Archives for category: Georgian History

Tangerines movie poster (image from Wikipedia)

Tangerines/მანდარინები/Mandariinid

Language: Russian and Estonian with (teeny-tiny) English subtitles

Availability: available on DVD and Amazon streaming in the US

This film was produced in a collaboration between Estonian and Georgian filmmakers and actors. It was Estonia’s nominee for the Academy Award, and made it to the short list, though it did not win. “Tangerines” is a lovely movie about older Estonian men who don’t want to leave their homes in Abkhazia (each for their own reasons), despite the escalating violence. They come across a wounded Georgian soldier and a wounded Chechen mercenary, and take them in, and the film follows the political, ethnic, and inter-personal relationships and tensions that follow. This film was purposefully very multi-ethnic and multi-lingual. The characters ultimately learn to move past their ethnic differences and prejudices to help each other in an extreme situation. As one would expect in a film about war, there is violence and sadness, but my overall feelings toward the film were positive. The only thing I didn’t like about the film was the teeny-tiny subtitles (on the edition I rented from Netflix, at least)…I had just been to the eye doctor, who cleared my vision as good, and I really had to squint to read these. I had an advantage over others, though, as I can understand the Russian part, at least! (My Estonian however, is non-existent).

I went to Tao-Klarjeti a few weeks ago. If you chose to take a break and look for that on a map, you may be very confused at this point. Tao-Klarjeti isn’t the name of anywhere anymore. It was the region where the Bagrationi dynasty of Georgian monarchs were from, and now it’s part of Turkey; the places we visited were mostly in Artvin province. It’s a pretty popular destination for Georgians to go on tours, but not somewhere many Americans visit, so when a friend asked if I wanted to join, I said “Why not?”. We went on an organized, but not guided, tour. We had two mini vans full of people, including a professional driver for each, and the organizer. The drivers were very good and did not suffer from lead foot or road rage, and the organizer had a route worked out and pre-arranged cheap hotels. We paid 270 GEL/person for a 3-day trip, which included everything except food–we didn’t stop at restaurants or stores (though one evening we went to a teahouse and bought some olives and baklava); we brought pretty much everything with us from Tbilisi, and ate in the car en route.

We left Tbilisi early in the morning and made for the Vale-Türkgözü border crossing. There was a long line of trucks, but very few passenger cars, so they let us skip ahead and we crossed quite quickly. It was interesting to see the change as we crossed the border. The geography in the region was the same on the Georgian and Turkish sides, but nonetheless it was obvious that we were in a different country–the cemeteries were different, the houses were a different style, and there were tractors and mechanized agriculture all around us. As we drove further into Turkey we got into higher and higher mountains. There was still quite a bit of snow, and we were even caught in a blizzard in the mountains between Ardahan and Savsat. There was some sort of nature reserve or natural park in the mountains, and it reminded me of the American West–pine forests, rugged mountains, and well-maintained picnic areas. As we drove through a village on the Savsat side, one whole village was outside (despite the poor weather) having some sort of festival.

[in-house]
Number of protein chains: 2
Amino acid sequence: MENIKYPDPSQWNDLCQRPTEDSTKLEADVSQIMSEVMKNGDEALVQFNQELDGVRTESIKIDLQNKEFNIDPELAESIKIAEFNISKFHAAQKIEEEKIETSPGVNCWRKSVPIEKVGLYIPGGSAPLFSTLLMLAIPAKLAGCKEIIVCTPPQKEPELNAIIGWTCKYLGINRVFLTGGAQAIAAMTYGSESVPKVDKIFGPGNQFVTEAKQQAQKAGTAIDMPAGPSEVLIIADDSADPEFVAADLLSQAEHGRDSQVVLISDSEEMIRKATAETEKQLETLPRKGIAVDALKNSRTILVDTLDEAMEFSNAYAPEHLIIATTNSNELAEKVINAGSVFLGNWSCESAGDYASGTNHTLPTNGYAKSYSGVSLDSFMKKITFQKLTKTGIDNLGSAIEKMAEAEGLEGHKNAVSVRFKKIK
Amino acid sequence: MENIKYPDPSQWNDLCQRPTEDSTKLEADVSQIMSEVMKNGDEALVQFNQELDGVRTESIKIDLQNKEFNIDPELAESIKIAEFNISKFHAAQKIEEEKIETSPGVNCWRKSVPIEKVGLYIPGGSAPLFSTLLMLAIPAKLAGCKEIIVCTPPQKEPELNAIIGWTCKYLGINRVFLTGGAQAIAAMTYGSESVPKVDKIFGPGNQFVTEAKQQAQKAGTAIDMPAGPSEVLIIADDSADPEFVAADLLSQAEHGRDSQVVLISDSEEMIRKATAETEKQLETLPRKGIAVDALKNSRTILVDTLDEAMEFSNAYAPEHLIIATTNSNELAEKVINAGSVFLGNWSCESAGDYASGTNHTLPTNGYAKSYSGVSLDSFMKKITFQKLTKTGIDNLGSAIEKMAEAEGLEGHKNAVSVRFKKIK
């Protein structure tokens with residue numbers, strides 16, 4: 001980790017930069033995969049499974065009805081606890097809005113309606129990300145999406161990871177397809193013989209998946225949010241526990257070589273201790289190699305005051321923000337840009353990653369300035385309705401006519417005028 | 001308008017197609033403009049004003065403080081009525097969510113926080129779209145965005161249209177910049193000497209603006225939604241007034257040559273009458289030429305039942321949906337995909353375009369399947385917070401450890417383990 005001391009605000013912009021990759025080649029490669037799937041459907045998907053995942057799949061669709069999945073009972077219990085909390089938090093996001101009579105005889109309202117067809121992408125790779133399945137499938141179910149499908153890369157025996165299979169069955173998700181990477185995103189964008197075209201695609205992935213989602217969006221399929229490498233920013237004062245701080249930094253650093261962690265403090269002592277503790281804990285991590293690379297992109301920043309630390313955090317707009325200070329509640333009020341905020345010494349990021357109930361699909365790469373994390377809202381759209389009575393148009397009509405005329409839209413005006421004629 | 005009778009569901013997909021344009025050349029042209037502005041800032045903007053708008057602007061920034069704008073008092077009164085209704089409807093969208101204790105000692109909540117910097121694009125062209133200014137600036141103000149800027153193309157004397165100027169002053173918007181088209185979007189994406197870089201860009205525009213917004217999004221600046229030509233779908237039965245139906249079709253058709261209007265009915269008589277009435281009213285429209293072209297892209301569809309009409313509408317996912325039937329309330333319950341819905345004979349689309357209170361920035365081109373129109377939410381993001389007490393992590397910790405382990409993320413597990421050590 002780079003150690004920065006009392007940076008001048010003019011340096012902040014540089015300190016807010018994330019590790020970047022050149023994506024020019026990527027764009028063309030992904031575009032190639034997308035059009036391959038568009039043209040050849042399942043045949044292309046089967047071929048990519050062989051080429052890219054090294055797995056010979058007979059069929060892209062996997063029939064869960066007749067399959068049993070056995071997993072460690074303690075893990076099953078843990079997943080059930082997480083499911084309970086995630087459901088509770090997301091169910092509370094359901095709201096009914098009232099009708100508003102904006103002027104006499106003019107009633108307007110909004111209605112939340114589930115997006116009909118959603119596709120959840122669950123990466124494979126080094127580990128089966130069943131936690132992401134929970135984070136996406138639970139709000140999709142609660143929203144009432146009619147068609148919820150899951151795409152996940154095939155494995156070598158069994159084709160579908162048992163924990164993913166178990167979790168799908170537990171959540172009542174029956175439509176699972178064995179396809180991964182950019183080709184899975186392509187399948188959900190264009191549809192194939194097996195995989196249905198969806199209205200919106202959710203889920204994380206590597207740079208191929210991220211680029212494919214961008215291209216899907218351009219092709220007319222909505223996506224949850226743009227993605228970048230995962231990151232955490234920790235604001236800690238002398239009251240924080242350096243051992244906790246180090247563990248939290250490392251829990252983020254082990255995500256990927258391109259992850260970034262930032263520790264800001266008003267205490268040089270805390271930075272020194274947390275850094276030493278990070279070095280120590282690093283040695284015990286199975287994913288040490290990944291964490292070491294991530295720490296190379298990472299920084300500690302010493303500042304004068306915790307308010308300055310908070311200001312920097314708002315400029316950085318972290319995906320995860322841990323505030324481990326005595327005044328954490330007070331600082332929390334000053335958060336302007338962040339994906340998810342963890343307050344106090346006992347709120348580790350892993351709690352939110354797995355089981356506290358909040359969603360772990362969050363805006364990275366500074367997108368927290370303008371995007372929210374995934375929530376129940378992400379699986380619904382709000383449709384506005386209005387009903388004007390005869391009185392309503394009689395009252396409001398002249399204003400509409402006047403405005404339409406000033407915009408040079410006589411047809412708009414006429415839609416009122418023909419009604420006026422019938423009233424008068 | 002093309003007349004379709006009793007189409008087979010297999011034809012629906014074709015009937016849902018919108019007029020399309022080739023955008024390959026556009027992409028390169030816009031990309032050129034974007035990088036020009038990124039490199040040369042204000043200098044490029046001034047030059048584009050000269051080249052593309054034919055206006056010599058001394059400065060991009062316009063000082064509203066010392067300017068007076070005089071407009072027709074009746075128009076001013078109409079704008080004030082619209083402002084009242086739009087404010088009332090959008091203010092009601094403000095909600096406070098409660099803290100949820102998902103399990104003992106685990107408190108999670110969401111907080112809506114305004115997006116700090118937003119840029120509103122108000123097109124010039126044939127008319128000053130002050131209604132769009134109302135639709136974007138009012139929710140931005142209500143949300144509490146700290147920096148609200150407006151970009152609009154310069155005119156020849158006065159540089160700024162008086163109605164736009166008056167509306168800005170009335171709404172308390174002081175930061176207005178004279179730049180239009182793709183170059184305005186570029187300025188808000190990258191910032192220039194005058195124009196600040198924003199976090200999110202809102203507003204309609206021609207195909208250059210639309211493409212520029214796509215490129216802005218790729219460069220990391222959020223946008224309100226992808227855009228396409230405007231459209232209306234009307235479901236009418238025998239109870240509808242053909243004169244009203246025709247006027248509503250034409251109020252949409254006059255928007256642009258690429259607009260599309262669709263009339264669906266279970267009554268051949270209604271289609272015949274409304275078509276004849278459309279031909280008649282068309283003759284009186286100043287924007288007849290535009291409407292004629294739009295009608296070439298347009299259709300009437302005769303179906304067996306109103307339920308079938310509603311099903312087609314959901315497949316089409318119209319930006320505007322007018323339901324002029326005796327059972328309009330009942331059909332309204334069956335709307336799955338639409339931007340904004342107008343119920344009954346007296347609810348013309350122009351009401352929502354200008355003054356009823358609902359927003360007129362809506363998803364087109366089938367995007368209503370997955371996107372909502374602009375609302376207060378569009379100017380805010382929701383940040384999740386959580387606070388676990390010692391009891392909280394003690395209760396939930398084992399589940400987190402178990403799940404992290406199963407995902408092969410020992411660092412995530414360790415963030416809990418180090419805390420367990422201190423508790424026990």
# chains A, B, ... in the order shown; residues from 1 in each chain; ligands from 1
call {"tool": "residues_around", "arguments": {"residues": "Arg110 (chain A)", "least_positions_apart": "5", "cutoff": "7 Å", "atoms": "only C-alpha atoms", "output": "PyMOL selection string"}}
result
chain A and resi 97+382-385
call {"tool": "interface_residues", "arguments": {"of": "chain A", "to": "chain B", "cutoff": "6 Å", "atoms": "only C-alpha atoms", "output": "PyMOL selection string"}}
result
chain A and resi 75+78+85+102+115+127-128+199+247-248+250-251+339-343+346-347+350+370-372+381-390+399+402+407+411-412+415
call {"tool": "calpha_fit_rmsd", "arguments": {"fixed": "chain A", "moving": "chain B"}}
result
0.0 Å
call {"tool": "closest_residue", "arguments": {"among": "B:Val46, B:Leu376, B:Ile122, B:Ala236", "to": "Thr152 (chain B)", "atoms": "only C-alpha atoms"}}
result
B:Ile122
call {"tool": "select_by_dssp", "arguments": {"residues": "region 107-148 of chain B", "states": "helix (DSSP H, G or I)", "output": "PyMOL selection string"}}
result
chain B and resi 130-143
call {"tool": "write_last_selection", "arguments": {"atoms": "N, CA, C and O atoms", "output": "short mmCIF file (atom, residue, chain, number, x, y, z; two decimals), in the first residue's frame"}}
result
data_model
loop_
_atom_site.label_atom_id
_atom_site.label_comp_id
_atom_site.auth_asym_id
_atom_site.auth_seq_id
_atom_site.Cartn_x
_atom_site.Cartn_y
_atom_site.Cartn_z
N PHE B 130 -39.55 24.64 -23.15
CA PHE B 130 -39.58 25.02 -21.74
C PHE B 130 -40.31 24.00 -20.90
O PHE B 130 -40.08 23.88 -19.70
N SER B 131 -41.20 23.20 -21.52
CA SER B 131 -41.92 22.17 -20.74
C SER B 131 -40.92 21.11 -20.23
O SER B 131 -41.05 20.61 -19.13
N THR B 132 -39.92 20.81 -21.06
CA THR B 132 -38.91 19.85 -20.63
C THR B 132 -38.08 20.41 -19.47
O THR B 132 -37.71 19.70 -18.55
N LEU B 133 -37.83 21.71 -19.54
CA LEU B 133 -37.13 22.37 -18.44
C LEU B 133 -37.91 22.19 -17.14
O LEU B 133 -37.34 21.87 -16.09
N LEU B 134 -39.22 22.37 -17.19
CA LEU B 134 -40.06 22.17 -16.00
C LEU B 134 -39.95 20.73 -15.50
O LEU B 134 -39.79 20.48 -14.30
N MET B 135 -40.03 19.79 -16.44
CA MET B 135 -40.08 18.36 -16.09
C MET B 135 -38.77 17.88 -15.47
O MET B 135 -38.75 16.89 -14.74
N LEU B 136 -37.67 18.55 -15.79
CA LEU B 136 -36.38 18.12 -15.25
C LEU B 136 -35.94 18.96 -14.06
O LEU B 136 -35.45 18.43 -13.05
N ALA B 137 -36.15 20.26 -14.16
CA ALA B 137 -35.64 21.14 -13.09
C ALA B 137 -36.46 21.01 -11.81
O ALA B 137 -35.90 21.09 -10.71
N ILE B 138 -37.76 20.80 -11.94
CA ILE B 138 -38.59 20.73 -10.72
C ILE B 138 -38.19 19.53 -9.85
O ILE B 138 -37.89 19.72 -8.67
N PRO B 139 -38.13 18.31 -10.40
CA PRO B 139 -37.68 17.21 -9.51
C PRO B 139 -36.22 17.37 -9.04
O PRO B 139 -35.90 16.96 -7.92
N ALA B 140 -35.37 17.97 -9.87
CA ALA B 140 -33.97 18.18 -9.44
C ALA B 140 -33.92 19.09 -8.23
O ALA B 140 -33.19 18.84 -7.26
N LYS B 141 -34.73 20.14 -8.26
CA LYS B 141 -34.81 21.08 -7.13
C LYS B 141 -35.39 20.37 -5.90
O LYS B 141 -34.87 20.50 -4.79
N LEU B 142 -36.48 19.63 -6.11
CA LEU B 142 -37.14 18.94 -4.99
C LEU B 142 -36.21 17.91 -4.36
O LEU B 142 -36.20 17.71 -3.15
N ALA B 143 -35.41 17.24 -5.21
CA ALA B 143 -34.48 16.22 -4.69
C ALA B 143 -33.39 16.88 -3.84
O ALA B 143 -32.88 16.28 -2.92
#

Late in the afternoon, we made our first stop: Tbeti Monastery, the first of many old, abandoned Georgian churches in various states of ruin. Apparently this church survived fairly well for a long time, but was “exploded” in the mid-20th century…sounds like there’s a story there, but I didn’t get any more information than that. One of the villagers speaks some Georgian and runs a little souvenir shop (and paid toilet) next to the site. Next, we stopped at Savsat Kalesi, the former citadel of the town of Savsat (in Georgian, შავშეთი/Shavsheti) which was kind of a big deal back in the Georgian era. There are archeological excavations ongoing sponsored by the Turkish government. The fortress has some typically Georgian features–there’s a tone (traditional Georgian bread kiln) and kvevri (Georgian amphorae), and a “pharmacy” very similar to the one at Vardzia. Then we took a break from historical sites and clambered around “Hell’s Canyon” (Cehennem Deresi Kanyonu). It was a nice enough canyon, I suppose, but as I’ve spent a lot of time in the American West, a canyon in and of itself is nothing so impressive. This was the place where it became abundantly clear that our organizer’s footwear recommendations were way off the mark. She had recommended galoshes or rain boots, which I don’t have, so I wore what was closest: snow boots. Even though my snow boots are made by an outdoors/hiking brand, they are absolute clodhoppers, and I had real difficulty maneuvering through the canyon and leaping from stone to stone. I also picked up a good few kilos of mud in the treads, making me kind of miserable. But I made it through. Our next stop was the fortress Artanuji / Gevhernik. We approached from behind, and it was perched atop a sheer rock face. When my friend told me we were climbing up there, I joked about not having brought any rock climbing gear. We walked around to the other side, and though there was a path (of a sort) it was still tough climbing in the aforementioned clodhoppers. It was worth the climb, as the fortress was filled with wildflowers, and was really, really beautiful.

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Artanuji Fortress